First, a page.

Please use this identifier to cite or link to this item: http://hdl.handle.net/123456789/2114
Title: MOLECULAR CHARACTERIZATION OF RHAMNOLIPID AND ITS EFFECT ON CANDIDA BIOFILM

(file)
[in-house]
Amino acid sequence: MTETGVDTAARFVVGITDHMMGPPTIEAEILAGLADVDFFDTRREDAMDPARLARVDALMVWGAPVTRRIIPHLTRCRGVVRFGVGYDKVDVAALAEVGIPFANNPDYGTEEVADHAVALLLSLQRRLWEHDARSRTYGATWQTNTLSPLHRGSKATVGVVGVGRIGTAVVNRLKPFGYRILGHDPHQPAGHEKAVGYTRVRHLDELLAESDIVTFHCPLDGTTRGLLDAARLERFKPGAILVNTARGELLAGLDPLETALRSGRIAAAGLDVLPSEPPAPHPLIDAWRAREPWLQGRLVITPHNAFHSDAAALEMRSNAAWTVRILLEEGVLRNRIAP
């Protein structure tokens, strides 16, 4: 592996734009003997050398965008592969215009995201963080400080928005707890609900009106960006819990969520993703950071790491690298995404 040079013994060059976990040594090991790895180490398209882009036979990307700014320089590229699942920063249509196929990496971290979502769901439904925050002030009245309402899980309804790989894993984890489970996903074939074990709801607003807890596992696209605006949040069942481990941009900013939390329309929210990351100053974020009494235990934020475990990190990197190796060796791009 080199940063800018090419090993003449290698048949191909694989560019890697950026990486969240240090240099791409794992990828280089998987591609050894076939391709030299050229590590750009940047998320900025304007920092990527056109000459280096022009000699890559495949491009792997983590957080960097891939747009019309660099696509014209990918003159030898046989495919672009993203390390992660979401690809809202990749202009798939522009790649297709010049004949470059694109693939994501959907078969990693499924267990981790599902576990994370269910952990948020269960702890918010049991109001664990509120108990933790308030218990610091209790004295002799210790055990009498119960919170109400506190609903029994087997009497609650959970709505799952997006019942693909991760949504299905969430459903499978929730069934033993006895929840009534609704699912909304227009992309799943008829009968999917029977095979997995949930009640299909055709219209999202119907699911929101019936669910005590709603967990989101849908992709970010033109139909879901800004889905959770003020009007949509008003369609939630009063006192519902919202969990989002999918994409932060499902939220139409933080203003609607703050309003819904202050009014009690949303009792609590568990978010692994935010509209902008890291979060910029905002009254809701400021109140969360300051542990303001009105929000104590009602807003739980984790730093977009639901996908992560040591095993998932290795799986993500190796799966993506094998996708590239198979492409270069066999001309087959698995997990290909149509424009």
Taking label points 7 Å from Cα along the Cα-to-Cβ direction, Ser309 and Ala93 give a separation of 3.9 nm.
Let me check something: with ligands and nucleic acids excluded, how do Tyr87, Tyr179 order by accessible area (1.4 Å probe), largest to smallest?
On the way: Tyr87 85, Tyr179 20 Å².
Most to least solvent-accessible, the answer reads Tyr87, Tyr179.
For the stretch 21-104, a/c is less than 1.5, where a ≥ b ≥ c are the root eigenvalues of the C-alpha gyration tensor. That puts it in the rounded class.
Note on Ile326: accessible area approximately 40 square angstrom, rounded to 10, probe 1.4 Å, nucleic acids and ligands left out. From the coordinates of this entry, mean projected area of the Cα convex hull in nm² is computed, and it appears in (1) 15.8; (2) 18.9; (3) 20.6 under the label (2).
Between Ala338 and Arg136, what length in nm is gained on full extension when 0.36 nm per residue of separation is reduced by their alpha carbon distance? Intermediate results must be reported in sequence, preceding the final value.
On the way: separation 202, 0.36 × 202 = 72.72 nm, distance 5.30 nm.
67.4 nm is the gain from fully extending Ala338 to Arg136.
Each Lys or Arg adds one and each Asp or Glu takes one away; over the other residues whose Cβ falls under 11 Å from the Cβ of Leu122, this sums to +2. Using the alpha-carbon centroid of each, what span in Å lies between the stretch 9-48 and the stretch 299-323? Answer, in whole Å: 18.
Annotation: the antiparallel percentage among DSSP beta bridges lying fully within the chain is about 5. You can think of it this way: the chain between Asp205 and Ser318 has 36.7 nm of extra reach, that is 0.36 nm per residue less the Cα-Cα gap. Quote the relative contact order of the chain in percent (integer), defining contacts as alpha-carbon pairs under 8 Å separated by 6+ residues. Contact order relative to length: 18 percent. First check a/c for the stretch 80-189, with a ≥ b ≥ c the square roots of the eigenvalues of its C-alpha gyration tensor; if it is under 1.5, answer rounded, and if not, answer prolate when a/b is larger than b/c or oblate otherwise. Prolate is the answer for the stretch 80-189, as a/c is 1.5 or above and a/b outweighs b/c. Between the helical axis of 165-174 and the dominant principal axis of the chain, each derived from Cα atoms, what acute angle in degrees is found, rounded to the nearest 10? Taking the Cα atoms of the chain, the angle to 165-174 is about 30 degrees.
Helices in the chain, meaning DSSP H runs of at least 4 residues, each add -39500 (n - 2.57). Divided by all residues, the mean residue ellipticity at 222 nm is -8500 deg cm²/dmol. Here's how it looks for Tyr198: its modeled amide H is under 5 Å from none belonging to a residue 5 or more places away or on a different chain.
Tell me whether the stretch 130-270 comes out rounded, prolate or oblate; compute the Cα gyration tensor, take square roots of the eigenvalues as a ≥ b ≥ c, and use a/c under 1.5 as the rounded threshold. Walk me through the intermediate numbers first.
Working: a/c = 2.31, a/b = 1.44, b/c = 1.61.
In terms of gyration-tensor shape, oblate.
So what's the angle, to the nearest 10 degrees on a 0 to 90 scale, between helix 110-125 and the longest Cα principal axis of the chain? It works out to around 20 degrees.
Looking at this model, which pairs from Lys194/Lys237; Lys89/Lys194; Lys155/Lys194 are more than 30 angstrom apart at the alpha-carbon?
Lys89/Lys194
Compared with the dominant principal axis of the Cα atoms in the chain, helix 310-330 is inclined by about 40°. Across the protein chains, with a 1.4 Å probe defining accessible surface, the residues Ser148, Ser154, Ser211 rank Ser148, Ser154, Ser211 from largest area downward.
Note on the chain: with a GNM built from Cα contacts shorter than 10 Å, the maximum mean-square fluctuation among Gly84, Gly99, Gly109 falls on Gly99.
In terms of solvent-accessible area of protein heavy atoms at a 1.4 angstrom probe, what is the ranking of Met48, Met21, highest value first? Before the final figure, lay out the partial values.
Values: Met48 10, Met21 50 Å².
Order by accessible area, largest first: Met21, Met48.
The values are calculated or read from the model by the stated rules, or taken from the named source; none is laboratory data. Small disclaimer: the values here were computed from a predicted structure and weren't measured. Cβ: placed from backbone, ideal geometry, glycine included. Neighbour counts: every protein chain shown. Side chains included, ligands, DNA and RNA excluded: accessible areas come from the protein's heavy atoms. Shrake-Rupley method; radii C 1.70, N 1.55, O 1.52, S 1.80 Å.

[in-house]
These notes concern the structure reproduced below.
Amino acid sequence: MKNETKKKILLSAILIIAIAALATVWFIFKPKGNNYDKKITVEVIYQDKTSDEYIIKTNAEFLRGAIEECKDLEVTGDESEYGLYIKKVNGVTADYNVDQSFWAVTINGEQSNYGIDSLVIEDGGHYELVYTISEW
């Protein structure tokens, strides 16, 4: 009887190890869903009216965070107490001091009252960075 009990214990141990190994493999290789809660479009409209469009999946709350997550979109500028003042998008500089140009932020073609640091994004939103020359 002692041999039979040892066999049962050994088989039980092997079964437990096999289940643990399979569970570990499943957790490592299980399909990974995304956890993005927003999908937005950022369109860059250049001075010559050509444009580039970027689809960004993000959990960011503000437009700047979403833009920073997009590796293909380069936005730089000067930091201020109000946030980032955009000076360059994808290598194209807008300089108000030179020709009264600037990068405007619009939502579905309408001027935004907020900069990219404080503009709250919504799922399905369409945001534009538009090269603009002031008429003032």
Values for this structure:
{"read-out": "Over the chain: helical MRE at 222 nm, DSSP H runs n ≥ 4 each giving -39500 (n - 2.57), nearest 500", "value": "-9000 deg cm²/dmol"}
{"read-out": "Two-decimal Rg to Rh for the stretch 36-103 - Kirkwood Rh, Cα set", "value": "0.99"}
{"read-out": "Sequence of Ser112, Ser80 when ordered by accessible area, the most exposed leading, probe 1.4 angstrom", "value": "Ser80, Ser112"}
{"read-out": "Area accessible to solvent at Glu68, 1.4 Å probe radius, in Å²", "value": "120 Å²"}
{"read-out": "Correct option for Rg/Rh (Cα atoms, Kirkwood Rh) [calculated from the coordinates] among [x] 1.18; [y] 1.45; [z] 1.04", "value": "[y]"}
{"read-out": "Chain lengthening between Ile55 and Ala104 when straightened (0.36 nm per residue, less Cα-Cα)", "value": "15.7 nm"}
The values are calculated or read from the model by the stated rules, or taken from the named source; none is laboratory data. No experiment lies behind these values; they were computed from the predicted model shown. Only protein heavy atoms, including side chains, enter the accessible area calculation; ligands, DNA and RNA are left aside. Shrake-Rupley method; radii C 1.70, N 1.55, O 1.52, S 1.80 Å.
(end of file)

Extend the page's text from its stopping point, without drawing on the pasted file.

Authors: Nivedita
Keywords: CHEMISTRY
RHAMNOLIPID
CANDIDA BIOFILM
BIOSURFACTANTS
Issue Date: 2011